• Purchase of Equipment – This includes: the downhole pump, the pumping unit, and string of rods.
  • Construct and Set-up a Base
  • Position and Install the Pumping Unit – This should be located on the base, and on top of the hole.
  • Remove the Current Christmas tree
  • Reconstruct the Wellhead (See Figure 2)
  • Supply Power to the Pump – This is typically accomplished by running electricity to the site or by using an engine. Electrical setups require automatic controls, and use an electric motor; while engine powered pumps usually operate on either stored fuels, or gas from the well.

A Lease Pumper's Basic Guide to Plunger Lifts

Figure 2. Two Examples Wellhead Designs Used for Wells with Plunger Lifts

The Bumper Housing and Catcher

The bumper housing and catcher carry out a variety of functions. For instance, the bumper offers a cushioned bumper to halt the plunger as it reaches the end of its journey and into the housing (where it receives lubrication for the next journey). Once there, the arrival unit will register the plunger has reached its topside destination; and will then either signal the controller, or control panel, to close the flowline valve.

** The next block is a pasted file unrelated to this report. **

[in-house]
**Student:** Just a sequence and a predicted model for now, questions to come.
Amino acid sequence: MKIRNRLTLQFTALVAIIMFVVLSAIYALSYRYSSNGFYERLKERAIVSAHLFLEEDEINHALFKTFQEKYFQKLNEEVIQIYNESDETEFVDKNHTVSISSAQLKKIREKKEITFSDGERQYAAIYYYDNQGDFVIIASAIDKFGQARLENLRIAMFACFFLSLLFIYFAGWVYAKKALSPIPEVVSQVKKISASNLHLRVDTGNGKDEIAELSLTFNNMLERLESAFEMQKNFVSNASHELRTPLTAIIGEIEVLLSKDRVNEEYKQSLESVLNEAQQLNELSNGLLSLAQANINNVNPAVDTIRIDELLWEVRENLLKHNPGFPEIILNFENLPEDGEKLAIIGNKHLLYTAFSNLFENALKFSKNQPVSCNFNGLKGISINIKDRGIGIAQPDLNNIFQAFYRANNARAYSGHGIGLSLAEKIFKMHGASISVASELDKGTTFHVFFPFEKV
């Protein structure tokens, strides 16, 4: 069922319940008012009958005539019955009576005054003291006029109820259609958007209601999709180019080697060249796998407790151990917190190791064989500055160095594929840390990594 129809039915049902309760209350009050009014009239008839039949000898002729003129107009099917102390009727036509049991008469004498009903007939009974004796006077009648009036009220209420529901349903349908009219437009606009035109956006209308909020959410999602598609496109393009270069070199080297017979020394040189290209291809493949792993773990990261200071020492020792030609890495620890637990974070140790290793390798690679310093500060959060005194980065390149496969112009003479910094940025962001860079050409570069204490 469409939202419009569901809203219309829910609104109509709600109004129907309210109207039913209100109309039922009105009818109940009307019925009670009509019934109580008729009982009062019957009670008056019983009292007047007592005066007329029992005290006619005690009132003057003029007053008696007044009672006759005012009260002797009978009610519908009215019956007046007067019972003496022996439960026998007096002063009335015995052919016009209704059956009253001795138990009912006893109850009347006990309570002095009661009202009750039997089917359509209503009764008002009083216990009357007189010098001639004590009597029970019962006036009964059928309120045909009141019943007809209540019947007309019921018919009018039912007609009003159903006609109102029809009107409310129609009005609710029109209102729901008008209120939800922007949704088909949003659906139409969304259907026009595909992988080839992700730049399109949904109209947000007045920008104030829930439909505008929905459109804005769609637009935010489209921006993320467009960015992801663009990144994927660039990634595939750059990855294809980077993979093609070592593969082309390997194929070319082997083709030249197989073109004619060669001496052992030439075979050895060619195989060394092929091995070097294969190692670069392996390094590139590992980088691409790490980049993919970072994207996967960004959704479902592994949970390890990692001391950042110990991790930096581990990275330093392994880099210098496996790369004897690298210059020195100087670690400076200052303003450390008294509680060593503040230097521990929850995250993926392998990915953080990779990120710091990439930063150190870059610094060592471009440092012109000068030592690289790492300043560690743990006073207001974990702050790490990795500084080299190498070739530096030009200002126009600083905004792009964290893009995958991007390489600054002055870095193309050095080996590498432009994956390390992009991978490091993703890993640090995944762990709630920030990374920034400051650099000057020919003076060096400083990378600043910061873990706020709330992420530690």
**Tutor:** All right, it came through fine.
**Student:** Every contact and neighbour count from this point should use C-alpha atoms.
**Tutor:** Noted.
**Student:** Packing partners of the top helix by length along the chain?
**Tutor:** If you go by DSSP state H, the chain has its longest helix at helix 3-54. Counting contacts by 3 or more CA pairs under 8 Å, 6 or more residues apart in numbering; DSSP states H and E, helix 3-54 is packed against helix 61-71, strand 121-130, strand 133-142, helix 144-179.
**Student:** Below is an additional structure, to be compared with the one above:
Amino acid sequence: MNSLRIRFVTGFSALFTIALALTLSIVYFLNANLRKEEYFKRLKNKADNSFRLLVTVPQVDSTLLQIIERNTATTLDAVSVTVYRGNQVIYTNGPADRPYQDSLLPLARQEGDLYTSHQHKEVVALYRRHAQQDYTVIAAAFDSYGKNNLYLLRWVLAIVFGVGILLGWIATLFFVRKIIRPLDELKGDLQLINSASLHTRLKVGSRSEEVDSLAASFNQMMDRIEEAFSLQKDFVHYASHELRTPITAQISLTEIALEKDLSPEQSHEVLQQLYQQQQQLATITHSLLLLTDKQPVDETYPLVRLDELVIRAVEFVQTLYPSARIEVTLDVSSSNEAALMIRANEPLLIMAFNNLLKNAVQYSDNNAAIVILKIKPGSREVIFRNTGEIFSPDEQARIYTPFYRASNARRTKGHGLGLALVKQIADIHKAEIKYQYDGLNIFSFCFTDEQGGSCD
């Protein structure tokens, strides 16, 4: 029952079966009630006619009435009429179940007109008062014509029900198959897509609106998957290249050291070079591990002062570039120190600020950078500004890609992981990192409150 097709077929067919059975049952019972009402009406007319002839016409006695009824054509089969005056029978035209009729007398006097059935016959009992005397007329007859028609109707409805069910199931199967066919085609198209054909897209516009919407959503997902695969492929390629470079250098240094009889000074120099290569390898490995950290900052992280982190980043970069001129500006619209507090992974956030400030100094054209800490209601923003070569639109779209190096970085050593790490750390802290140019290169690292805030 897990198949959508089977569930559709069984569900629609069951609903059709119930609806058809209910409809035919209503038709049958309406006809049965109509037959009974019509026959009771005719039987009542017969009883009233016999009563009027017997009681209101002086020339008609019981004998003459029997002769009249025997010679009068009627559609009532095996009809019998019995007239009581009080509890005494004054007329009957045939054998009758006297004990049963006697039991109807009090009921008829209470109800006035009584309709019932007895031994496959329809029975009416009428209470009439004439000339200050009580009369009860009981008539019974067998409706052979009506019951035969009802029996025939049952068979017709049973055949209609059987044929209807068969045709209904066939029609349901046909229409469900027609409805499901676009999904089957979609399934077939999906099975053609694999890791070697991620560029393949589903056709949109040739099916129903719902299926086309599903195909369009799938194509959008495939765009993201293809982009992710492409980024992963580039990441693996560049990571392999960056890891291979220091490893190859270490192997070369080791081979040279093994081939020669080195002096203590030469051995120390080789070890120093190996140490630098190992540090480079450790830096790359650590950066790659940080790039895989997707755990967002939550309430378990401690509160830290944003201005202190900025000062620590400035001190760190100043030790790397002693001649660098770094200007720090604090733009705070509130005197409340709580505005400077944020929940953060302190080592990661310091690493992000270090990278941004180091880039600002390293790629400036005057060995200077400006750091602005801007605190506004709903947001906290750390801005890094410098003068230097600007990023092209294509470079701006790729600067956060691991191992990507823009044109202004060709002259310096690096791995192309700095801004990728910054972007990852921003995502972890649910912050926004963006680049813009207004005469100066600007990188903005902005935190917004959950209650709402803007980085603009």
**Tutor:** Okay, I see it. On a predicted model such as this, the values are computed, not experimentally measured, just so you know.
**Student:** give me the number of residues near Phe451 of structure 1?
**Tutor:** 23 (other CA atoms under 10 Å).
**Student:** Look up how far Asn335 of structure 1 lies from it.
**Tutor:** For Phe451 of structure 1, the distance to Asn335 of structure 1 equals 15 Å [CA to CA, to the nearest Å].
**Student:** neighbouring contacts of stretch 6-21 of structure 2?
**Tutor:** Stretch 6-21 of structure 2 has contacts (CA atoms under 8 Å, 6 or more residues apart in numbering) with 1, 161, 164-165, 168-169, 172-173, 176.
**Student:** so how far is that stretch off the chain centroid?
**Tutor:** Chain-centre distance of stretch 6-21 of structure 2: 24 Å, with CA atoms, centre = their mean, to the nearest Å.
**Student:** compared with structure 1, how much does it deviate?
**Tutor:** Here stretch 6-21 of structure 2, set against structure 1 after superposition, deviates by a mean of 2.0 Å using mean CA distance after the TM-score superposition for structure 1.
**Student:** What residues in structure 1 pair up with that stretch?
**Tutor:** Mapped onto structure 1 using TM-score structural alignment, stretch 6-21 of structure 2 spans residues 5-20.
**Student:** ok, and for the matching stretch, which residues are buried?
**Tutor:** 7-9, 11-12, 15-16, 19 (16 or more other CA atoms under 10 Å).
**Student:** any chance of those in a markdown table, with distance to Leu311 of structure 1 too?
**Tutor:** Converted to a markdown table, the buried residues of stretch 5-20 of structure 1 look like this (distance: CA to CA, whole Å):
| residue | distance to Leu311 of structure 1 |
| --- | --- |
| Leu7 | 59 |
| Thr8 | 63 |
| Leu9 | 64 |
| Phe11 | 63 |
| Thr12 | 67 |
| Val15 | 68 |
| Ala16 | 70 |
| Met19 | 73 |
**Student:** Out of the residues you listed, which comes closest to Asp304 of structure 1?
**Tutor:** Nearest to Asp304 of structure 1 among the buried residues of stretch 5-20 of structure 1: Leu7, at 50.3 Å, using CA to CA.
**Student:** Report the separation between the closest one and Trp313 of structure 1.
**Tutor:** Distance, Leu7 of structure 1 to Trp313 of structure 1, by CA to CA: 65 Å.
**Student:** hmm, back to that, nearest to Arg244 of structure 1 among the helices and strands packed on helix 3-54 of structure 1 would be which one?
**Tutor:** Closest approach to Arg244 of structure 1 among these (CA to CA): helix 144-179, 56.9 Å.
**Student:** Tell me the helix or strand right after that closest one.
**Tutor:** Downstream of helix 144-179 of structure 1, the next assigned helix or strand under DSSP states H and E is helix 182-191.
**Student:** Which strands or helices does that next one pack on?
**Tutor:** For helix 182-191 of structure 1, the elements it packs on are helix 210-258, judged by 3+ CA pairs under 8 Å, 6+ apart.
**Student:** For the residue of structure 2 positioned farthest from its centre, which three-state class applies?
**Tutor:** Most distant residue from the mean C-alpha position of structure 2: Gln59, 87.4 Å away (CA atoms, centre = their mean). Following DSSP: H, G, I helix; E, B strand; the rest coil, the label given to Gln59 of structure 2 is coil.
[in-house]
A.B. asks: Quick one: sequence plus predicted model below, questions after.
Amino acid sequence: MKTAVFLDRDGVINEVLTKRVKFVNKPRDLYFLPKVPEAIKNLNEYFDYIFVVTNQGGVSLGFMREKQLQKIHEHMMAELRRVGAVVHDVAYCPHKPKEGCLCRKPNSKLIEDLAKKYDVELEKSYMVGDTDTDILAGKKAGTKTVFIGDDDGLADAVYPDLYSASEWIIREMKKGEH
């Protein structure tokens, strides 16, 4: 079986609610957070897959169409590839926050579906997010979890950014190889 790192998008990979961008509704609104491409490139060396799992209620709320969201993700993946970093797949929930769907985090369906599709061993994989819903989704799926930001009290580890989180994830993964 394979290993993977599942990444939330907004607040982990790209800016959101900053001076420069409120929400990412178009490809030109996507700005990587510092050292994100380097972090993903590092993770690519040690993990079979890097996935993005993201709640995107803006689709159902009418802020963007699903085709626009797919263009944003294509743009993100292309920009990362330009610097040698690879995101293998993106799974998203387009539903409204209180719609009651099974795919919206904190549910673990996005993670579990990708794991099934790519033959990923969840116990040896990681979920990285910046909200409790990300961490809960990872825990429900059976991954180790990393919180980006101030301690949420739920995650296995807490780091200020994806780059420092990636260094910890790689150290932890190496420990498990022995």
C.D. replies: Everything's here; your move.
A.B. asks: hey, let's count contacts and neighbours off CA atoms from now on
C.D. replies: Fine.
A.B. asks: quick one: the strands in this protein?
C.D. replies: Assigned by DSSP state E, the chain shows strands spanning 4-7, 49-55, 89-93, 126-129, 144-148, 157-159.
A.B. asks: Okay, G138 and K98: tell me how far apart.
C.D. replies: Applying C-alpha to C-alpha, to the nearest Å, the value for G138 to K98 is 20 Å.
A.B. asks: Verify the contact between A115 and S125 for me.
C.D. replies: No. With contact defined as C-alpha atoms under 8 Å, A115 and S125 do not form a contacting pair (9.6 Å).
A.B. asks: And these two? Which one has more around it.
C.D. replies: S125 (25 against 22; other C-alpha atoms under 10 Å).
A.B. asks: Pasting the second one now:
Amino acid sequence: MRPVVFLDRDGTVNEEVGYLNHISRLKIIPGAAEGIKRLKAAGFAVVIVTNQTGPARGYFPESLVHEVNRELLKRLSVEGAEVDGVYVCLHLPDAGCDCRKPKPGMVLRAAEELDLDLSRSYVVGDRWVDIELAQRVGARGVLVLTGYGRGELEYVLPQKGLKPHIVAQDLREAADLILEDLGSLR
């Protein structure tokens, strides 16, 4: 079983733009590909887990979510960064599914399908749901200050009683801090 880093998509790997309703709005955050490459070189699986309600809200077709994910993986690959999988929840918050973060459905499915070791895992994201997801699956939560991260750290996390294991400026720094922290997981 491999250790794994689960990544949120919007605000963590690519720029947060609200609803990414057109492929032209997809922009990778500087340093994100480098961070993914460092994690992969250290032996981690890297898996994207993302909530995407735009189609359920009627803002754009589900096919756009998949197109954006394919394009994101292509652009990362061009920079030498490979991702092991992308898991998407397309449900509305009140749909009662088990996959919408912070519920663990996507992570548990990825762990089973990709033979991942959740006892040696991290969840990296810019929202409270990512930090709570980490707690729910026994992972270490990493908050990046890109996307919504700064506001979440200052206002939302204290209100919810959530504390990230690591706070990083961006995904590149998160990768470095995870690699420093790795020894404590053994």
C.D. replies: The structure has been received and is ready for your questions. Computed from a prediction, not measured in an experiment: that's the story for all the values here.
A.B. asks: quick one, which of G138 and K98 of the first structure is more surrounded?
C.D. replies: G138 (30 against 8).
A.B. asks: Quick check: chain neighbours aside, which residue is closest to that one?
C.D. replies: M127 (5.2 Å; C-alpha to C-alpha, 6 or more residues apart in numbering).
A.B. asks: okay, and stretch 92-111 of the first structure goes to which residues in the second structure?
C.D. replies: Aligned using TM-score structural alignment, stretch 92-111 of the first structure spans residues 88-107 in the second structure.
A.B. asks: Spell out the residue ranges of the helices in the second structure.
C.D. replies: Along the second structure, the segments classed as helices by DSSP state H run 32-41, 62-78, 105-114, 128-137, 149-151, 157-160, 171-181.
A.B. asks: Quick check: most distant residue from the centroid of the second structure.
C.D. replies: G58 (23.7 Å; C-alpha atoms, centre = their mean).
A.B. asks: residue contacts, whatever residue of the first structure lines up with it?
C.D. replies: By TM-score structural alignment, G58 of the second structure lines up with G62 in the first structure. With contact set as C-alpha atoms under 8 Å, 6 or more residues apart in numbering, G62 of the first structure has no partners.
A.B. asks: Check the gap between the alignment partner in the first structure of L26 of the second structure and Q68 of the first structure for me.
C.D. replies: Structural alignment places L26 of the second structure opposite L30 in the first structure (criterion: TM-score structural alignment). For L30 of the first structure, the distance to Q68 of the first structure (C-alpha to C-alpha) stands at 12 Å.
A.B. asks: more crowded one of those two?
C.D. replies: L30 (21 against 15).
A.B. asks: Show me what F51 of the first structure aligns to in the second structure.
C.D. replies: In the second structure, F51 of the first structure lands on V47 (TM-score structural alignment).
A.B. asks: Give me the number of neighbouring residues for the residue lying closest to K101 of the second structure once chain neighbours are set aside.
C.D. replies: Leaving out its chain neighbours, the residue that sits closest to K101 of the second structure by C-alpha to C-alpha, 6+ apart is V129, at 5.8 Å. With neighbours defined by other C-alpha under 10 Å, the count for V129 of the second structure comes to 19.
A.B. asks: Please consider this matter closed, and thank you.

Once completed, the lease pumper can then engage the catcher (allowing the plunger to catch the next time it arrives). The pumper can then remove the plunger to inspect, service, or replace the device to get back into operation at lease pumper’s discretion.

A Lease Pumper's Basic Guide to Plunger Lifts

Figure 3. Examples of Common Components Found in a Plunger Lift System – from right to left: a housing with lubricator and electronic sensor, bumper, plunger, and a controller.  (Production Control Services, Inc.)


The majority of controllers (See Figure 4) have the ability to operate with either pressure cycles or time control. Timers can be utilized for specific shut-in times. They can also be used to operate using high/low pressure measurements using a differential pressure switch and the flow line throttle pilot pressure. By decreasing formation gas loss and having this available flexibility, controllers provide the most ideal method for a majority of wells (and lease pumpers).

A Lease Pumper's Basic Guide to Plunger Lifts

Figure 4. Example of an Electronic Controller  (Production Control Services, Inc.)